Major citiesEdit

Presents Districts of old Kathiawar, Gujarat. (Note: Diu is not politically a part of Gujarat, currently it belongs to the Union Territory of Daman & Diu.)

The major cities of Kathiawar are Rajkot in the center of the peninsula, Jamnagar on the Gulf of Kutch, Bhavnagar on the Gulf of Khambhat, Surendranagar and the historic city Wadhwan in the central portion of Gujarat, Porbandar on the west coast, historic city of Junagadh on the South. Diu, an island town formerly part of Portuguese India and now part of the Indian union territory of Daman and Diu, lies off the south coast of Kathiawar. The city of Somnath and its famous temple are also located on the south coast.

Districts in Kathiawar RegionEdit

Geography and ecosystemEdit

Scene in Kattiawar, Travellers and Escort, 1830

The natural vegetation on most of the peninsula is xeric scrub, part of the Northwestern thorn scrub forests ecoregion. A range of low hills, known as the Gir Hills, occupies the south-central portion of the peninsula. The highest of these is Girnar. The hills are home to an enclave of tropical dry broadleaf forest, part of the Kathiawar-Gir dry deciduous forests ecoregion.[citation needed]

Gir National Park and surroundings host the last remaining Asiatic lion population.[6][7] Other national parks on Kathiawar are Blackbuck National Park, Velavadar on the Gulf of Cambay, and Marine National Park, Gulf of Kutch near Jamnagar.[citation needed]

Antiquity (places: history, archaeology, nature, religion)Edit

Temple in Kathiawad, 1897.
People of Mer Community (primarily found in Saurashtra) in one of the Sword dance forms
Bhil women of Kathiawar, 1890

Notable characters and figuresEdit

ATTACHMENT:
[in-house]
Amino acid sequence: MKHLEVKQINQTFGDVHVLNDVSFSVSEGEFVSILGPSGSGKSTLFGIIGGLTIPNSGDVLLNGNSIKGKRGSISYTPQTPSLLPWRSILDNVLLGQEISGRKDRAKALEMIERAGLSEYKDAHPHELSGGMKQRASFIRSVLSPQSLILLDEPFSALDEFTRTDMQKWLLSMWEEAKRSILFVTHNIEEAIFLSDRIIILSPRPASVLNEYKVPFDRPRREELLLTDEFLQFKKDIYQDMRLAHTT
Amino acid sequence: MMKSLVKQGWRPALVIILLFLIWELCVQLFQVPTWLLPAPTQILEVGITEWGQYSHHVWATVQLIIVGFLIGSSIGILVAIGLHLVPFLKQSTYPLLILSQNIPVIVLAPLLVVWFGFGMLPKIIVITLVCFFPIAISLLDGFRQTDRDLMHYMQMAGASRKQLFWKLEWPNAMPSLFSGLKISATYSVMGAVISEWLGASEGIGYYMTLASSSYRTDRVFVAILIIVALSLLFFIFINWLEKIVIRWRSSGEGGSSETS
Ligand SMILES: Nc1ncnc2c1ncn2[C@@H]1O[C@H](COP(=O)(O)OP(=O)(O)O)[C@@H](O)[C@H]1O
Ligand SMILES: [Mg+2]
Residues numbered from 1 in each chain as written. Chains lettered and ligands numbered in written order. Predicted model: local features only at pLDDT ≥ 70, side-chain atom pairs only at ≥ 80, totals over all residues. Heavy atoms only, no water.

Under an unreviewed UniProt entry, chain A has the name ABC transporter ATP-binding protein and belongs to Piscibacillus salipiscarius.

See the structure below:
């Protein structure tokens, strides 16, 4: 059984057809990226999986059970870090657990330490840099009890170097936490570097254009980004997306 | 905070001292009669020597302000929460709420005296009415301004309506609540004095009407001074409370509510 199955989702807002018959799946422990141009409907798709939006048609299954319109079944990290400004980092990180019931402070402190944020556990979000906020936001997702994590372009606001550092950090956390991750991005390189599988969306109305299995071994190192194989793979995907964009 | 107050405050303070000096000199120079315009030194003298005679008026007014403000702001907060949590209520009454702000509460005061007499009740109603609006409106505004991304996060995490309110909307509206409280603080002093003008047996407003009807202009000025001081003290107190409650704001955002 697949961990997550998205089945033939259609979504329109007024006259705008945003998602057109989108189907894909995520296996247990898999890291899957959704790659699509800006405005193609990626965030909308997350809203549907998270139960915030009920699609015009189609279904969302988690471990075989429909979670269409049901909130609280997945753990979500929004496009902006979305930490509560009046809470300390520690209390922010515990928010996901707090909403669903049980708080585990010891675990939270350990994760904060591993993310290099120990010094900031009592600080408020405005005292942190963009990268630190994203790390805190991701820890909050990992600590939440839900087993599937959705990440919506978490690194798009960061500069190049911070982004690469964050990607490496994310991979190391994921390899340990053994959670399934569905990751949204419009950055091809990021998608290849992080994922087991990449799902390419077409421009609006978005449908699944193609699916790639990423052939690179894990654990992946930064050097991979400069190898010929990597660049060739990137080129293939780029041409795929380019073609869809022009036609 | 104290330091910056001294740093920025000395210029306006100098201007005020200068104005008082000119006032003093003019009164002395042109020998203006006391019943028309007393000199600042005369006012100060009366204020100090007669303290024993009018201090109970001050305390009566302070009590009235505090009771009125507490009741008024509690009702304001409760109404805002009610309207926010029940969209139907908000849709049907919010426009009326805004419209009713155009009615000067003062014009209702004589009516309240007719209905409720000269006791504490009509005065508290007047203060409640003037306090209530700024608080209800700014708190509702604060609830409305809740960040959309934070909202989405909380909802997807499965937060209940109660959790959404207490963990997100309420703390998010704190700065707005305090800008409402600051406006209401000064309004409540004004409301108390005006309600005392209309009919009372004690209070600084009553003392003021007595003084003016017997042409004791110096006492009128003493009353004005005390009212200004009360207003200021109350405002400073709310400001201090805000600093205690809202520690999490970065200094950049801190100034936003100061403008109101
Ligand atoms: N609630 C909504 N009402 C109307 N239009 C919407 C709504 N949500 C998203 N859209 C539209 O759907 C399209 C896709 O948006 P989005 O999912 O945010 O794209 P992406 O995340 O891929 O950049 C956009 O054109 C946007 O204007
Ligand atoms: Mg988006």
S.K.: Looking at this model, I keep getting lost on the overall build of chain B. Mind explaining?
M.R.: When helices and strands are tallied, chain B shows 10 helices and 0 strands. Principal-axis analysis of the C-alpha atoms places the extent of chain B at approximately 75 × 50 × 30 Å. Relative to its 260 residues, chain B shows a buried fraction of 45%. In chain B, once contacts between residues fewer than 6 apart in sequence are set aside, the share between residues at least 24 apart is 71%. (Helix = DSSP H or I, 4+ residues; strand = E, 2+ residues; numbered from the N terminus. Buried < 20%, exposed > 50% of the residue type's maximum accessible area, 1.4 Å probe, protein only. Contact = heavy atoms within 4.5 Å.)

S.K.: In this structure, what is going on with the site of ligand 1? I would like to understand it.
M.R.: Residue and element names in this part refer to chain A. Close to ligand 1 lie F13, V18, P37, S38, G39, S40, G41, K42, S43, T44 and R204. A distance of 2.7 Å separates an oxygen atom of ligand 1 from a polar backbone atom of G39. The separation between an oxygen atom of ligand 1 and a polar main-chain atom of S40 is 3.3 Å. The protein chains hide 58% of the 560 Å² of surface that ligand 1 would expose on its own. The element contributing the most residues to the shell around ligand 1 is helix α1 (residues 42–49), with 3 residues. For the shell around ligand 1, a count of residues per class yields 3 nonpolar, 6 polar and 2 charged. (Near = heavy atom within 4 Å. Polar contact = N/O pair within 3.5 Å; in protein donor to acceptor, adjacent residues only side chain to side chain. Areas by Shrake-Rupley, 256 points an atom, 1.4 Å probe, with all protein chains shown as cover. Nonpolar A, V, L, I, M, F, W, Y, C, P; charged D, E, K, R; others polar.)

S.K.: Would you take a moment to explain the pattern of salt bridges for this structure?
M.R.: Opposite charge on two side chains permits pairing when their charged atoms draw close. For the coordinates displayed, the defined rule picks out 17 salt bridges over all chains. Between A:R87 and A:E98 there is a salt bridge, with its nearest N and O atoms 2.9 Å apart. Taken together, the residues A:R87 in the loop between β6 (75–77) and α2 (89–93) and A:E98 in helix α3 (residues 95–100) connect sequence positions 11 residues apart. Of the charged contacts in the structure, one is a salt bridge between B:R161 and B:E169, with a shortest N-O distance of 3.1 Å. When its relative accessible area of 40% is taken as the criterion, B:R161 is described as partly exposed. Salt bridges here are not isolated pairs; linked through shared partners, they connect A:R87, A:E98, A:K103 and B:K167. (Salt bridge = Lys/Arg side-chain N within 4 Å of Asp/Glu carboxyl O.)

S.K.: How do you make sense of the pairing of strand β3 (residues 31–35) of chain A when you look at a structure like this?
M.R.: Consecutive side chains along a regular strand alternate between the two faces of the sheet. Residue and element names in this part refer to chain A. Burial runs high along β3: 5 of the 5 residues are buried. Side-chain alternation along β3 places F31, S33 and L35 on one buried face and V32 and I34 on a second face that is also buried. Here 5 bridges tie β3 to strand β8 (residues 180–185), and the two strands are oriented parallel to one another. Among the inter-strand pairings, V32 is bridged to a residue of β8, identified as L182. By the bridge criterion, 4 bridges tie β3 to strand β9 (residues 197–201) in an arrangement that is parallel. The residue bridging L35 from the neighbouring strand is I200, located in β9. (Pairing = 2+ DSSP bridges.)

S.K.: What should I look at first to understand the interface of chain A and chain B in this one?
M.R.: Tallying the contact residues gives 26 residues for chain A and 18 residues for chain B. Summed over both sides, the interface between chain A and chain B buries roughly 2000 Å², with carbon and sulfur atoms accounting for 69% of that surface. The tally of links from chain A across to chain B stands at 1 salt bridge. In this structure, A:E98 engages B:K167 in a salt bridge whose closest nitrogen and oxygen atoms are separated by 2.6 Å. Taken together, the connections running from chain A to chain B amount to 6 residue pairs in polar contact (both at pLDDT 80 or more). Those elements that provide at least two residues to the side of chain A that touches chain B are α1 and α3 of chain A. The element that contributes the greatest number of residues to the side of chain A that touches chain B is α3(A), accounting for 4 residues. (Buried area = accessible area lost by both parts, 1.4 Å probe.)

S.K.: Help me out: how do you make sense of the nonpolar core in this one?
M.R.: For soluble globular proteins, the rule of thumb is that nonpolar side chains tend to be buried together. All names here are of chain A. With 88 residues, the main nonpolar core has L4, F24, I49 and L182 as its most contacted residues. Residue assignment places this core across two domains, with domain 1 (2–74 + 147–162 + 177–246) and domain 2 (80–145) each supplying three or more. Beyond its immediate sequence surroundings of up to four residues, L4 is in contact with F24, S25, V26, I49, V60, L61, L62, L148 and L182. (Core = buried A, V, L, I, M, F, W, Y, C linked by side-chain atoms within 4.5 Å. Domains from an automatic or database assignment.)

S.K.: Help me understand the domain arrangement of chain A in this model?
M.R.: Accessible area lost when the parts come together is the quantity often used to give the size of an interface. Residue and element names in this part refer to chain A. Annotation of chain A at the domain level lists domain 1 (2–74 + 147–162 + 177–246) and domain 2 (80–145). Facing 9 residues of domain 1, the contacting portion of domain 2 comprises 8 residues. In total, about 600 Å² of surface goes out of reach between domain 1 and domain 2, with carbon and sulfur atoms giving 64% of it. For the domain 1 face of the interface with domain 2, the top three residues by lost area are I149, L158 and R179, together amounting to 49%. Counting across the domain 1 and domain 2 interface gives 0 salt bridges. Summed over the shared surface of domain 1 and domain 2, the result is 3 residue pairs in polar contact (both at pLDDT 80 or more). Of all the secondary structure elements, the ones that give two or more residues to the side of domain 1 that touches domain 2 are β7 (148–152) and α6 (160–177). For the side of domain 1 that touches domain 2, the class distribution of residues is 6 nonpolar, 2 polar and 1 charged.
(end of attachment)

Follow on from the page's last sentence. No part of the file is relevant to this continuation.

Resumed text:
The list of some divine, notable figures, characters and events related to Kathiawar-Saurashtra can be very exhaustive. Covering different sections, fields and class of society, a few of them are as following:

Religion, pre-history, spiritualityEdit

Society, ideology, politics, leadershipEdit

Governance, nobility, reforms, politicsEdit

Art, literature, poetry, journalism, socialismEdit

Sports, adventureEdit

Cinema, entertainment, music, folkloreEdit

Business, industry, innovation, entrepreneurship, philanthropyEdit

History, culture, bravery, eventsEdit

See alsoEdit


  1. ^ Trivedi, A. B. (1943). Kathiawar economics (PDF). Bombay: AB Trivedi, Khalra College.
  2. ^ Chandrani, Yogesh. "Legacies of Colonial History: Region, Religion, and Violence in Postcolonial Gujarat" (PDF) (1): 2. Cite journal requires |journal= (help)
  3. ^ Balfour, E. (1885). The Cyclopædia of India and of Eastern and Southern Asia: Commercial, Industrial and Scientific, Products of the Mineral, Vegetable, and Animal Kingdoms, Useful Arts and Manufactures. B. Quaritch. p. 521.
  4. ^ Baij Nath Puri (1986). The history of the Gurjara-Pratihāras. Munshiram Manoharlal Publishers. p. xvii.
  5. ^ Narendra Singh (2001). Encyclopaedia of Jainism. Anmol Publications PVT. LTD.
  6. ^ Singh, H. S.; Gibson, L. (2011). "A conservation success story in the otherwise dire megafauna extinction crisis: The Asiatic lion (Panthera leo persica) of Gir forest" (PDF). Biological Conservation. 144 (5): 1753–1757. doi:10.1016/j.biocon.2011.02.009.
  7. ^ Singh, H. S. (2017). "Dispersion of the Asiatic lion Panthera leo persica and its survival in human-dominated landscape outside the Gir forest, Gujarat, India". Current Science. 112 (5): 933–940. doi:10.18520/cs/v112/i05/933-940.
  8. ^ Williams on South Asian Religions and Immigration: Collected Works. Routledge. 2017. ISBN 9781351143103.
  9. ^ "A Few Words about Shri Harilal Upadhyay"

External linksEdit